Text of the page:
11 hard truths about HTML5

HTML5 offers Web developers powerful new features, but spec limitations may prevent it from unseating native apps

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But now programmers must pay attention to whether these additional features are available, and it's not clear how to find out how fast your code is running.

The game designers at pirateslovedaisies.com, for instance, included a switch to turn on and off the features that IE enables. Is there an API that makes it possible to guess about these features? Not really. The simplest thing is to test for the browser name and try to estimate the frame rate. Yes, I know that native game developers have been dealing with the wide range of available hardware for years and the only real solution is to ban innovation, but this is yet another wrinkle for Web developers to come to terms with.

HTML5 hard truth No. 11: Politics as usual

Some folks call Ian Hickson, the main drafter of the HTML5 standards, the Supreme Dictator for Life. They're joking, I guess, but the title doesn't match. The standard writer is just making suggestions, and the coding geniuses at the browser companies are the ones who make the real decisions. They may or may not choose to implement a feature, then the Web developers get to decide whether the results are stable. After a few years, the standards are often changed to match the implementation.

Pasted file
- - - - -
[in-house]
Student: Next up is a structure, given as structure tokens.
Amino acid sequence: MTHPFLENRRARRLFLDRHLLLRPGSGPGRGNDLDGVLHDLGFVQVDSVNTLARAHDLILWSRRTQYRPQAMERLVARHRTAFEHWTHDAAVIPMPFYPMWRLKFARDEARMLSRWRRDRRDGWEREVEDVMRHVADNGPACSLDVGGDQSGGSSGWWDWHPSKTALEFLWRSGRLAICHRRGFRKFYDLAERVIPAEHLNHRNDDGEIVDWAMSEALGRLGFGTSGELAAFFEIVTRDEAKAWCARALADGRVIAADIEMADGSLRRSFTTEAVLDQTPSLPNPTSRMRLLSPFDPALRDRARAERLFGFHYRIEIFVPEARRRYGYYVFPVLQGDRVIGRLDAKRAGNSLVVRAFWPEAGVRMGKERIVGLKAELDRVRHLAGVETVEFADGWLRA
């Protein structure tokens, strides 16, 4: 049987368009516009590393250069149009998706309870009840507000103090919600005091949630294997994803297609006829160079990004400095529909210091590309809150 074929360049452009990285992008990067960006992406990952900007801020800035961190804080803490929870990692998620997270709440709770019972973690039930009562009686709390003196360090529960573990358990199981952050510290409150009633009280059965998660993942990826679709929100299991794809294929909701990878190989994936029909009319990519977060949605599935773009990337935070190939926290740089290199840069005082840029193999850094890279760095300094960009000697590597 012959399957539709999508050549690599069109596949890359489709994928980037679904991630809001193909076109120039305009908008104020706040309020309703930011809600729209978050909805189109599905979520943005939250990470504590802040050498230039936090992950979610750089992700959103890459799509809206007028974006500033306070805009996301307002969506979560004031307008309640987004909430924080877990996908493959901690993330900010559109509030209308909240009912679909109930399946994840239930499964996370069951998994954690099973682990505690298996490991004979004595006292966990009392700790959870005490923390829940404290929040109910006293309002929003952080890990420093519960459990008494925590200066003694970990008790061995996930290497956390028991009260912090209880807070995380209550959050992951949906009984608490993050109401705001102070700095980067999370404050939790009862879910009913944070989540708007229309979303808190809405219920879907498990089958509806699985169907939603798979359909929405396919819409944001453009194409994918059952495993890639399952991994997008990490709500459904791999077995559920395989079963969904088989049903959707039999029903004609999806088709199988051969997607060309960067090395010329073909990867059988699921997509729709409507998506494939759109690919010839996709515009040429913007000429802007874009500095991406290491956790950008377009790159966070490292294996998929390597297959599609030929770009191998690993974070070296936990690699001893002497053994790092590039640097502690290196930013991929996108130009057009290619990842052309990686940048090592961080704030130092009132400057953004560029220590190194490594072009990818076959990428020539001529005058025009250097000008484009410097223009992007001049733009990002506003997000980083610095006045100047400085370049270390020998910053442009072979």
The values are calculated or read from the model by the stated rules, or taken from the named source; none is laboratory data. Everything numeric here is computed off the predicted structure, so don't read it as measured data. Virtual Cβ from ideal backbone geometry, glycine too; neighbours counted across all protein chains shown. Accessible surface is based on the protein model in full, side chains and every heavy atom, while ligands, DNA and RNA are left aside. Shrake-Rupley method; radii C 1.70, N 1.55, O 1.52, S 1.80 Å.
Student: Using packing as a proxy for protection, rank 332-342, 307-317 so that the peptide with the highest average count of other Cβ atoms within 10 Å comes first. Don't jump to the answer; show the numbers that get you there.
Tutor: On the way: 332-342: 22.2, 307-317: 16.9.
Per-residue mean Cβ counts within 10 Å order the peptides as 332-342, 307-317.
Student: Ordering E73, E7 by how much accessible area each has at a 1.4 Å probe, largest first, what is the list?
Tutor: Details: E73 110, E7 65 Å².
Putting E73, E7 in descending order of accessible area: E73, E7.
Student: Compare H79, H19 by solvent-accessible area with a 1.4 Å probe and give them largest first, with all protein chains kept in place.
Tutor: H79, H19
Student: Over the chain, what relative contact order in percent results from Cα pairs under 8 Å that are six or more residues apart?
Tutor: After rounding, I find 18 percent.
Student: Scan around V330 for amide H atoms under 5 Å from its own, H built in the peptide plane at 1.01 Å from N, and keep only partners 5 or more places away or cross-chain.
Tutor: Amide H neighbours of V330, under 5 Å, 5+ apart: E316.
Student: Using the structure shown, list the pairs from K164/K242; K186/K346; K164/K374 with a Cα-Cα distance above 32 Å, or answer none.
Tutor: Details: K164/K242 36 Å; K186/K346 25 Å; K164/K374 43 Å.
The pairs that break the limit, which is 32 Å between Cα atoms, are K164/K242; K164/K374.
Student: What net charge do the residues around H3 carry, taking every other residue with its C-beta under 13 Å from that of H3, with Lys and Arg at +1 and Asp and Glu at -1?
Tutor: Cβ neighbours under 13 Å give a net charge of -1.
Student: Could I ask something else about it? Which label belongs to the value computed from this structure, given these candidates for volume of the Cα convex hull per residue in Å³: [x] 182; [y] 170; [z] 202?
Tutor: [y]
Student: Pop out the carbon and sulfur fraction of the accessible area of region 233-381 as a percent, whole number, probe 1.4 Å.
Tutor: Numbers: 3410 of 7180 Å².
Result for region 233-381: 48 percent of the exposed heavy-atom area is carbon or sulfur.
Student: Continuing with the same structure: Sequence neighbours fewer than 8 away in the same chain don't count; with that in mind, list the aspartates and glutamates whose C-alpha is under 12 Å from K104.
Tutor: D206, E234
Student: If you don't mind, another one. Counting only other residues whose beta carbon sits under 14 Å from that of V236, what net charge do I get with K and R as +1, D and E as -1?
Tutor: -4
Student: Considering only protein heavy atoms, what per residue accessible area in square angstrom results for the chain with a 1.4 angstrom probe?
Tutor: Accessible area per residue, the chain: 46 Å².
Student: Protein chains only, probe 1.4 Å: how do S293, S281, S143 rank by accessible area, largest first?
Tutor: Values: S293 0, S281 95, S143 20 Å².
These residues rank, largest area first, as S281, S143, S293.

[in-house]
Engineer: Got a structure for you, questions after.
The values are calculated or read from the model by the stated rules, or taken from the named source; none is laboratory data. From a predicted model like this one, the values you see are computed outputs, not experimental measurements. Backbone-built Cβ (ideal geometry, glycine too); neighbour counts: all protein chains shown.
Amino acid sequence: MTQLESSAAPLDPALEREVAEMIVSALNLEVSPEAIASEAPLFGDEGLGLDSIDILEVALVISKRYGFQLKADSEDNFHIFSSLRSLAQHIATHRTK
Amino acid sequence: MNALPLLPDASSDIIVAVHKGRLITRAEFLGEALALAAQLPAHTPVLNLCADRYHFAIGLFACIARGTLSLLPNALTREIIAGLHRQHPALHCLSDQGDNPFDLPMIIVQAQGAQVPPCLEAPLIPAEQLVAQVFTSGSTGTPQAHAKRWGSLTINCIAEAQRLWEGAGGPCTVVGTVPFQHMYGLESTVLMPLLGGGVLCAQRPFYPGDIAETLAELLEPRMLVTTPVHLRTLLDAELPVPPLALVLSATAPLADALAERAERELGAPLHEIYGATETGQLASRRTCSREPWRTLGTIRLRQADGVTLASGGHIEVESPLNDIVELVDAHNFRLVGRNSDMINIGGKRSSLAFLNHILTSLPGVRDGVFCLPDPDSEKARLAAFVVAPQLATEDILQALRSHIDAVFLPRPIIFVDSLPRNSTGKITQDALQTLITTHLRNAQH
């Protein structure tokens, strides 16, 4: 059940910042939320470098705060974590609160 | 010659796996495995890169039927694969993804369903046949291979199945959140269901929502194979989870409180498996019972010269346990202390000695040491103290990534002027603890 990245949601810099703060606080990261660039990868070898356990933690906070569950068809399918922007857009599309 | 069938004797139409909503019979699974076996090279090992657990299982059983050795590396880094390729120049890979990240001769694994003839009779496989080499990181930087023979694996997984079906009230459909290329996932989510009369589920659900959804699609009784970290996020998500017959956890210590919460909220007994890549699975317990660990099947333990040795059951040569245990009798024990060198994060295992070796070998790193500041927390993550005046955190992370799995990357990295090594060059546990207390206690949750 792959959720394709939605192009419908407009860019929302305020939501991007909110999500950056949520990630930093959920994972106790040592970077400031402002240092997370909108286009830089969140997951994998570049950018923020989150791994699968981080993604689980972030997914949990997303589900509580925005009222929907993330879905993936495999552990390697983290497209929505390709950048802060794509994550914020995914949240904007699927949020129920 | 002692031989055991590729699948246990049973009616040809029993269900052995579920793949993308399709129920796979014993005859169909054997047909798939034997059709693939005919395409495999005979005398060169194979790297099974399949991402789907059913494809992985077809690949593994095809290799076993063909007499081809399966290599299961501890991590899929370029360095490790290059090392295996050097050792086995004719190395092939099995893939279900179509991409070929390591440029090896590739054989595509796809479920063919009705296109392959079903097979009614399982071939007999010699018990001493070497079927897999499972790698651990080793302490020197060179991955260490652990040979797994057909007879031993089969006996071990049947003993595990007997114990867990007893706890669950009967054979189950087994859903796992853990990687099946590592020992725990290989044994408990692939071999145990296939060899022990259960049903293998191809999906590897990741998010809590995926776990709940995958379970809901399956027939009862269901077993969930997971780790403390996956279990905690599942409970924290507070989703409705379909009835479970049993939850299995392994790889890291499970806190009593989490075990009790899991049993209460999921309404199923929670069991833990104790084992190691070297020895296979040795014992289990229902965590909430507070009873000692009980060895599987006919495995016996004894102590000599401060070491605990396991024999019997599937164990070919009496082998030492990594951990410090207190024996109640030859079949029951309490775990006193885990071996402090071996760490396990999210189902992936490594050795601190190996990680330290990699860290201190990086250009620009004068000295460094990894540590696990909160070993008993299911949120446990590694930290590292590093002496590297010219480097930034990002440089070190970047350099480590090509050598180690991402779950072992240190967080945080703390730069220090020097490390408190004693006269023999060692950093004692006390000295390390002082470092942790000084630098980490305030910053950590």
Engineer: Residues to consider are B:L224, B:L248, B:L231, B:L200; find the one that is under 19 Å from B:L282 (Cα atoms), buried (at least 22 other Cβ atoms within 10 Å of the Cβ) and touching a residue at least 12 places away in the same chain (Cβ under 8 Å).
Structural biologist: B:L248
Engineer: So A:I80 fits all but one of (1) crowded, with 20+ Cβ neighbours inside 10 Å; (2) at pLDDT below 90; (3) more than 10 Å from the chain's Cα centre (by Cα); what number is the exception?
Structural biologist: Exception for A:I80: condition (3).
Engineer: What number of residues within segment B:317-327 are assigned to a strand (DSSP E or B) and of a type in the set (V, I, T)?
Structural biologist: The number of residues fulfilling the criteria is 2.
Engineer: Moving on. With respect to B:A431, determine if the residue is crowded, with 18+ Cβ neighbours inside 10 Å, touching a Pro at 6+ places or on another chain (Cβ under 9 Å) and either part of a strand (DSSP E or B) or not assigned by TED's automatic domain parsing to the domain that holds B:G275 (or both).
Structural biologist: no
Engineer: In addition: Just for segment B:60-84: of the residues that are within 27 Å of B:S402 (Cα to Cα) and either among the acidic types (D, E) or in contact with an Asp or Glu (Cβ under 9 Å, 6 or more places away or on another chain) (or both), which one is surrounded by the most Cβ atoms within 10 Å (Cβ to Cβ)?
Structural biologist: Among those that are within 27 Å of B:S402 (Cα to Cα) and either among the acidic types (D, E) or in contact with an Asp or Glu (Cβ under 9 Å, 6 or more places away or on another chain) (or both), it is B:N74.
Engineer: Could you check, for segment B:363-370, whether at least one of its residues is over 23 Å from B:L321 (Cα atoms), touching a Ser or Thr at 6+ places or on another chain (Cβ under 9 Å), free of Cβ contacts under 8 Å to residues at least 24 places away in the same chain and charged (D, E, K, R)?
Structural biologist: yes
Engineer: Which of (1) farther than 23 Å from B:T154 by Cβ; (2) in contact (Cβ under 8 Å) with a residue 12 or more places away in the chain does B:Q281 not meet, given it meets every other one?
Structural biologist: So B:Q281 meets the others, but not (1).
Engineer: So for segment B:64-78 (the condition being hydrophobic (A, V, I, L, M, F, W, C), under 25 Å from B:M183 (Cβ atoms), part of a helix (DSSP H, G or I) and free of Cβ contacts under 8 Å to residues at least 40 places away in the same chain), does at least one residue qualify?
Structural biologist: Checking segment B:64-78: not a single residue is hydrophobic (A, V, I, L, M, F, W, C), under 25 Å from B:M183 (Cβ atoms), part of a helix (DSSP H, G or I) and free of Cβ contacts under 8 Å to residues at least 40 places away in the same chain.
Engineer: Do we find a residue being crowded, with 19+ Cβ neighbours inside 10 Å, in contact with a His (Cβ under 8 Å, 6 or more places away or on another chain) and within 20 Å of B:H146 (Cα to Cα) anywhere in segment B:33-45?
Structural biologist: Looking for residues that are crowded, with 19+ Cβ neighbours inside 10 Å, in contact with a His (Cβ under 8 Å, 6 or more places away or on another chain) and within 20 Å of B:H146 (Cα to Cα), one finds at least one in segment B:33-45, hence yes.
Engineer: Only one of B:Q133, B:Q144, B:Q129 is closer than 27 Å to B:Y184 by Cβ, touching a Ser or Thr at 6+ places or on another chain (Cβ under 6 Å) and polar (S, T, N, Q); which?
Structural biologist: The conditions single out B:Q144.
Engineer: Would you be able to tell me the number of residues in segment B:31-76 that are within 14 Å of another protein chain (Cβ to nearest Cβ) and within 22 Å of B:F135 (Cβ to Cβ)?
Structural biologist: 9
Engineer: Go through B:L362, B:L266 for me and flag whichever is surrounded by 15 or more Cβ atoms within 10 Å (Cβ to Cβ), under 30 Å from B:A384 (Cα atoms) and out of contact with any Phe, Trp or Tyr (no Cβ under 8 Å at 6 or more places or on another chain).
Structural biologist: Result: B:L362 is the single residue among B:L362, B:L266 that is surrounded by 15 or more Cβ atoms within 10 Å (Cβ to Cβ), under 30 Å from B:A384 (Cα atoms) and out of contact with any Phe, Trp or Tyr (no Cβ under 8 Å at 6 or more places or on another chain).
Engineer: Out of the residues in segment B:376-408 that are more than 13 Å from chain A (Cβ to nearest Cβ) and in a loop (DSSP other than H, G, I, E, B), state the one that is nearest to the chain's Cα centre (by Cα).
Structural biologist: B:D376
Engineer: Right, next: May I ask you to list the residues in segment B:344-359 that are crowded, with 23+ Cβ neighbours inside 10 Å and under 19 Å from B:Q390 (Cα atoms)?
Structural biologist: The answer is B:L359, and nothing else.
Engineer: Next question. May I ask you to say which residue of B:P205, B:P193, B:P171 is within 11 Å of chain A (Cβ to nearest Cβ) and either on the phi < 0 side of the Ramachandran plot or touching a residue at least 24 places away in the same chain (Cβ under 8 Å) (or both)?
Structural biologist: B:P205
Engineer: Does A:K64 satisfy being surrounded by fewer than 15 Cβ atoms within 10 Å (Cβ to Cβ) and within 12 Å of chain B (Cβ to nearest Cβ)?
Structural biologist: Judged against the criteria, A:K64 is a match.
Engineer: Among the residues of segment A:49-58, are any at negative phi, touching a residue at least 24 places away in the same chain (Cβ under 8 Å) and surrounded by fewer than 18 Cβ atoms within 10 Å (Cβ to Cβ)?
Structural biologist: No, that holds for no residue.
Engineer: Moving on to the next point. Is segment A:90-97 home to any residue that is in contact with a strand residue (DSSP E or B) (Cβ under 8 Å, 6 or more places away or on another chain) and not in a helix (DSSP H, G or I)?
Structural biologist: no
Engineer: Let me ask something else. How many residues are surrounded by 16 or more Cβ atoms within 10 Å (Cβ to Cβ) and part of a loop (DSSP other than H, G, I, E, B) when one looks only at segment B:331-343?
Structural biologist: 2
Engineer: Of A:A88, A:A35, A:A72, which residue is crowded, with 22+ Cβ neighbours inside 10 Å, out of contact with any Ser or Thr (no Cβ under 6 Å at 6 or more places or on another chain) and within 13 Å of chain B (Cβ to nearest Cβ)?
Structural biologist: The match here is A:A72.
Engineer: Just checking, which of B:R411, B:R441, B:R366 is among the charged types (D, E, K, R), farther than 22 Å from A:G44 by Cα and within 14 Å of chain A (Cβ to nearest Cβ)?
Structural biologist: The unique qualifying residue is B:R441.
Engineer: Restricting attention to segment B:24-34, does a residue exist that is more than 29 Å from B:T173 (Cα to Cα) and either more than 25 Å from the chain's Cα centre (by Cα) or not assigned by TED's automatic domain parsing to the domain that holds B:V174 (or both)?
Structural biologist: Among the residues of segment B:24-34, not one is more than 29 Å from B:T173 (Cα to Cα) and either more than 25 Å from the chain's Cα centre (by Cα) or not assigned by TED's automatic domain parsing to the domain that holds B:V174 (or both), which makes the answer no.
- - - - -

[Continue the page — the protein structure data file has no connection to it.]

Many JavaScript developers have left the issue of compatibility to those who create the libraries, such as jQuery. These layers insulate us from the cross-browser differences. Will they be strong enough in the future to smooth over the differences? Only time will tell.

This issue highlights the fundamental problem for the field. We want the freedom, creativity, and cornucopia of features that come from pitting many browser companies against each other in a tough competition. The pace of innovation is great, but it creates even more differences, as the browser developers rush to add new features to gain an edge.

But we also want the stability that comes from putting one central dictator in control of the platform. Alas, the world has never found an ideal solution for the battle between authoritarianism and democracy. Instead of grousing too much about the headaches that come from the differences, we might want to adopt the attitude of Winston Churchill, who told the House of Commons, "Indeed, it has been said that democracy is the worst form of government except all those other forms that have been tried from time to time."

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This article, "11 hard truths about HTML5," was originally published at InfoWorld.com. Follow the latest news in software development, languages and standards, and HTML at InfoWorld.com. For the latest business technology news, follow InfoWorld.com on Twitter.

Copyright © 2011 IDG Communications, Inc.

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